For the organisation experts, their company’s situation resembles that of an IT provider that previously made services available on premises and is now switching to software-as-a-service or cloud computing models: The new type of service has an impact on topics such as the development process, update policy, customer expectations or the cash flow of the software developer. New services can also have similar far-reaching consequences for SW as new models for the purchase and deployment of machines are conceivable here too. “In the past, we built machines, now we also deal with issues such as cloud technologies or the distribution of software,” says the programme manager, putting it in a nutshell. The aim is for the company itself to become a digital factory and make it possible for customers to enjoy the benefits offered by such a concept with the help of SW. Altogether, a wide-ranging topic that the decision makers at SW have approached step by step.
Even though SW is a very technically oriented company, technology was not the primary focus when tackling the challenges posed by digital transformation. At the beginning, the responsible parties were involved with analysing the company’s internal processes and culture. From the beginning, all those involved were fully aware that a simple one-to-one transfer of previous processes into a digital world would not make sense. When it comes to its processes and structures, SW has always been guided by the requirements of the market and by what makes most sense technically. It was now a matter of looking very closely at how things had been done before.
One objective was to establish open structures and encourage an exchange of ideas between different departments. An essential prerequisite for the success of such an initiative is that the management team at SW support the issue and put the will to make change into practice. The managers therefore initiated an internal discussion that focussed on the further development of the company’s organisational structure.
The more the plans took shape, the more frequently the discussions also revolved around IT topics. For although technology was not initially the focus of the project, it was clear that suitable IT strategies, governance and infrastructure were the basis for a successful digital transformation. SW searched for an experienced partner to help them first analyse and optimise the existing IT setup. There were four service providers and the adesso experts came out on top.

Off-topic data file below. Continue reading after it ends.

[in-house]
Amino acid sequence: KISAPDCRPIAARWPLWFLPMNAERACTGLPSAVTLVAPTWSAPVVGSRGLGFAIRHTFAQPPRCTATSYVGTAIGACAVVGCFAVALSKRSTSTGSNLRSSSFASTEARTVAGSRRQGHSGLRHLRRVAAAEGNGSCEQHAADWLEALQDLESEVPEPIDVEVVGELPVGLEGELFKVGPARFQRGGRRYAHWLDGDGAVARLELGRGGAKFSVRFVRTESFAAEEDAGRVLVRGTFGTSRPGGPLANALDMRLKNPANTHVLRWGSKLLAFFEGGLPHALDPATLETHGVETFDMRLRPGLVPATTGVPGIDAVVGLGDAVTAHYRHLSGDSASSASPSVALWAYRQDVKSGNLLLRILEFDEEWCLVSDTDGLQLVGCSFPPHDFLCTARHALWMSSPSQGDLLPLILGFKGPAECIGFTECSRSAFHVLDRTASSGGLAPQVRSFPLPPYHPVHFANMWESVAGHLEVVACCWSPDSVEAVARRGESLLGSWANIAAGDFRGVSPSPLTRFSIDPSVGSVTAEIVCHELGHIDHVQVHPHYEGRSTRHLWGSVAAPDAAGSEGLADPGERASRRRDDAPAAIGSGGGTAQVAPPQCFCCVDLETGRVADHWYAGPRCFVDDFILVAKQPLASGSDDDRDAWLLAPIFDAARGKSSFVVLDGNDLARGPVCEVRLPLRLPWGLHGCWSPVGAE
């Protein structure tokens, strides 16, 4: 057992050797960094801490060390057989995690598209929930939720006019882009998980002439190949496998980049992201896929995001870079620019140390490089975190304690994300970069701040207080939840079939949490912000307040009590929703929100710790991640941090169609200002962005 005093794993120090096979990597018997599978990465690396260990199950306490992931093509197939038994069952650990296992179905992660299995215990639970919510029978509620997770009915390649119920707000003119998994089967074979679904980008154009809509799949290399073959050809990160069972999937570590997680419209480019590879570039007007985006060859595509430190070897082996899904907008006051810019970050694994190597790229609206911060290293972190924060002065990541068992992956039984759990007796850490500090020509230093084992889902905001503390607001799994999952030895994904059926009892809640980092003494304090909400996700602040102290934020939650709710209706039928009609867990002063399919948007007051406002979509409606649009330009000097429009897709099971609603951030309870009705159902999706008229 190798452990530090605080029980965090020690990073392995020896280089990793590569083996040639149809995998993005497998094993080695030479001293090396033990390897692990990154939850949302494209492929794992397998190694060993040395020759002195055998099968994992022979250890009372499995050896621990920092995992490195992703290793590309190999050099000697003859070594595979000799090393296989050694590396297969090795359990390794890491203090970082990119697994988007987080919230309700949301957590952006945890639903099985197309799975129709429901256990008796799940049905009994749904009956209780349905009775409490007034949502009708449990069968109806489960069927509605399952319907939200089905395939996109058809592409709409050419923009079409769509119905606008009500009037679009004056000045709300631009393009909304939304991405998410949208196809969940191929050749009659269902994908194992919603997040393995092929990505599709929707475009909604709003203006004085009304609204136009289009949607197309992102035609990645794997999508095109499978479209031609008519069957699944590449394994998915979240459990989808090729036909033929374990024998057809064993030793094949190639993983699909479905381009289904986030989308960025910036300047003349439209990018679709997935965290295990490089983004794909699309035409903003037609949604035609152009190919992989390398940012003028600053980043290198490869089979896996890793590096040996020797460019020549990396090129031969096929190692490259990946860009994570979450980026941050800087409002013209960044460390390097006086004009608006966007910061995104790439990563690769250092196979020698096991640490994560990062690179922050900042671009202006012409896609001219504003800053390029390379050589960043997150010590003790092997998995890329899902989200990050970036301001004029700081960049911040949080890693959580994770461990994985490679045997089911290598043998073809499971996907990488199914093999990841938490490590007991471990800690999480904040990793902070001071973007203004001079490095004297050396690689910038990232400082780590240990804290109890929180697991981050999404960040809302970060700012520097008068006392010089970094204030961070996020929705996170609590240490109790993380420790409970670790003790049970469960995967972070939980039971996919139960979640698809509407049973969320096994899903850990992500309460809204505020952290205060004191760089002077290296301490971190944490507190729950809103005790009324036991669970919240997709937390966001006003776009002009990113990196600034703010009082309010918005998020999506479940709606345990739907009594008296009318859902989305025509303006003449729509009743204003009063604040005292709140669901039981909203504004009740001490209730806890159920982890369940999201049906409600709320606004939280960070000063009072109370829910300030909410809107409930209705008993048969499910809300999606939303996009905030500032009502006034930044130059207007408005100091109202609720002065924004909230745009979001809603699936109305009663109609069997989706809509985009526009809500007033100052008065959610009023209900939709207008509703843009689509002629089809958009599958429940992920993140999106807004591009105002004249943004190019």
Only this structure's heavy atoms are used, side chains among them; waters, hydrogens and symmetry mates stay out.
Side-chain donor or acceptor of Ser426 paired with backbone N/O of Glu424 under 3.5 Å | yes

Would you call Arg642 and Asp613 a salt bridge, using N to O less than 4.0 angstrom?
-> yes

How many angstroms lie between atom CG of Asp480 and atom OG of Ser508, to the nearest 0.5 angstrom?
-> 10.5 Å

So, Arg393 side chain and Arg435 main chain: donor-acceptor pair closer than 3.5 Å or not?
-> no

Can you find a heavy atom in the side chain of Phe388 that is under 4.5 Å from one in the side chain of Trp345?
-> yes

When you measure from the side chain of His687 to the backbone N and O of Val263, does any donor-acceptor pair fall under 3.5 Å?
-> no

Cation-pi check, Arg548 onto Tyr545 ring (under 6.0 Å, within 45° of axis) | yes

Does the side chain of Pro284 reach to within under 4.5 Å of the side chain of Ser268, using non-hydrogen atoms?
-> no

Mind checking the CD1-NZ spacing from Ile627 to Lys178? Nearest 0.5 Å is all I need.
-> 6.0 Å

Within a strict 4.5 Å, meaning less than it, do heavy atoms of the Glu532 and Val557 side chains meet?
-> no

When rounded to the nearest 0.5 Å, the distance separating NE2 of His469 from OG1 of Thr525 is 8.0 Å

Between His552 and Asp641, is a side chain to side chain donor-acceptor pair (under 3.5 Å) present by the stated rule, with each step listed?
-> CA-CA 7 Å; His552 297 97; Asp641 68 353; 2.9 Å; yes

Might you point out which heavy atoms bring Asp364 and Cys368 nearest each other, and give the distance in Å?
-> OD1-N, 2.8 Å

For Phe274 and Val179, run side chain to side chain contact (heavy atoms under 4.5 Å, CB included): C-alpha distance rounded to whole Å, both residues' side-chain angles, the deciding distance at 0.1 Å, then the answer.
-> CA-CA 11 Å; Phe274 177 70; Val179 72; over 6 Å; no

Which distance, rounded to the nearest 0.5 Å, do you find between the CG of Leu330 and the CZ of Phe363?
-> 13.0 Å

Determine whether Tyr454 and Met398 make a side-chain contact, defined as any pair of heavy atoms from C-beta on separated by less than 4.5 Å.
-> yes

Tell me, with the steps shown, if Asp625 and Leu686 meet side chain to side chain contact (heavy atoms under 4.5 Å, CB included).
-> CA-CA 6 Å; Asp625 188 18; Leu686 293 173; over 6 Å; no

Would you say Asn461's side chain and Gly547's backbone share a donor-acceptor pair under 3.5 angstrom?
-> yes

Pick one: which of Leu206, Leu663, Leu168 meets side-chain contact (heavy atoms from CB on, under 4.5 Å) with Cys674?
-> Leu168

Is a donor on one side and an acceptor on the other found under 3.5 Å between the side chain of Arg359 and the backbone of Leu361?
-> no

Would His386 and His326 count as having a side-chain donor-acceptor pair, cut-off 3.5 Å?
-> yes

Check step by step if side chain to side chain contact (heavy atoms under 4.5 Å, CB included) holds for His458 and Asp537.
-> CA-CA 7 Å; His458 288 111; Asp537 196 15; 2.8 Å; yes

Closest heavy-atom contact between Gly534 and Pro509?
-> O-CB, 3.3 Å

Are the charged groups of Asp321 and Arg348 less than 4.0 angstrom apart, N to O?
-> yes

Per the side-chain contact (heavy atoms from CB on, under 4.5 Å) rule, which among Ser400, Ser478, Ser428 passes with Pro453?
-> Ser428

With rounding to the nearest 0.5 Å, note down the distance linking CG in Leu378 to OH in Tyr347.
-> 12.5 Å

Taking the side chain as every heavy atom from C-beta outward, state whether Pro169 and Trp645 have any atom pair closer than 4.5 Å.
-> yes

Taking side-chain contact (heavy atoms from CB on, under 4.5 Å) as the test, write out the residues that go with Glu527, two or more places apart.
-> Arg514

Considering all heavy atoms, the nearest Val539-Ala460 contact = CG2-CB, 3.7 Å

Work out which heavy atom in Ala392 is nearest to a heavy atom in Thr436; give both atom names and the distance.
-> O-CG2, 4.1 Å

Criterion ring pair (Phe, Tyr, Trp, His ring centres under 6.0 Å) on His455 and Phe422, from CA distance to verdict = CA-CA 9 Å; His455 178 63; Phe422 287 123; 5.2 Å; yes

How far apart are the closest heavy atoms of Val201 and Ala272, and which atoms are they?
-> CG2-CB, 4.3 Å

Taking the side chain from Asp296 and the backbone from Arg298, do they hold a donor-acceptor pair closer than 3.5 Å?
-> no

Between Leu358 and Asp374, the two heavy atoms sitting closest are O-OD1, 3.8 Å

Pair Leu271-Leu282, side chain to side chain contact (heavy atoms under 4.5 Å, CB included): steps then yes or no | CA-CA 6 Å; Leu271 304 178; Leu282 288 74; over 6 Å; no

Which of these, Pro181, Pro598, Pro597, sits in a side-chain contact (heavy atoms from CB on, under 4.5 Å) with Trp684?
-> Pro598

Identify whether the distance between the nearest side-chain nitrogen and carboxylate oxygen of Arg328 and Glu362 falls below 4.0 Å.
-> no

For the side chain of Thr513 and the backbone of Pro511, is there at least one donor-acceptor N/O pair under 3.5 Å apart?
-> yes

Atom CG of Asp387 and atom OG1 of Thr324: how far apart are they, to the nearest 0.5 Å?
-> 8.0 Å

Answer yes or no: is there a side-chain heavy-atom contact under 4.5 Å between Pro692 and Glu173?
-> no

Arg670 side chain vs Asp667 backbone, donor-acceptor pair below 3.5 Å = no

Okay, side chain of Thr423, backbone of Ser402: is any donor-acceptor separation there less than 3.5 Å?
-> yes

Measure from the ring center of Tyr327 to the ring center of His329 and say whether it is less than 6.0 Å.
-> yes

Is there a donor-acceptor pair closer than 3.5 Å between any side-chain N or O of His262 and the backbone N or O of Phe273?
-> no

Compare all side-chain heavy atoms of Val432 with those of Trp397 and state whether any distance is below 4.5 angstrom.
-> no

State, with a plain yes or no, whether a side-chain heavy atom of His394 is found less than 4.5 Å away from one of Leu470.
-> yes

The IT specialists started their work and, as a first step, established the basis for controlling and implementing the company’s digital transformation. All those involved quickly realised that the collaboration involved more potential and topics than originally thought. “Our IT experts were in demand at the beginning,” remembers Robert Schulze, Project Manager at adesso. “We concentrated on quite traditional topics such as the application landscape in an international context or the setup and performance of the IT department.” As the project progressed, the range of tasks taken on by adesso was extended bit by bit. Robert Schulze’s team is now increasingly concerned with strategic or procedural issues, such as the IT strategy in the context of the company’s business strategy or the shaping of the digital transformation vision. This is an entirely logical development for Johannes Zuckschwerdt: “On the one hand, it simply works well on a personal level, which is an important factor when a team is working together closely. On the other hand, adesso provides its expertise and experience as an impartial adviser to help us solve our key problems.”
At the moment, SW and adesso are jointly involved in laying the foundations for the digital transformation of the company. Items on the agenda include developing standardised business processes, also in an international context, as well as establishing IT architecture that provides optimum support for these processes. The aim of all this is to be able to offer customers better machines, manufacturing systems and services – in a digital world as well.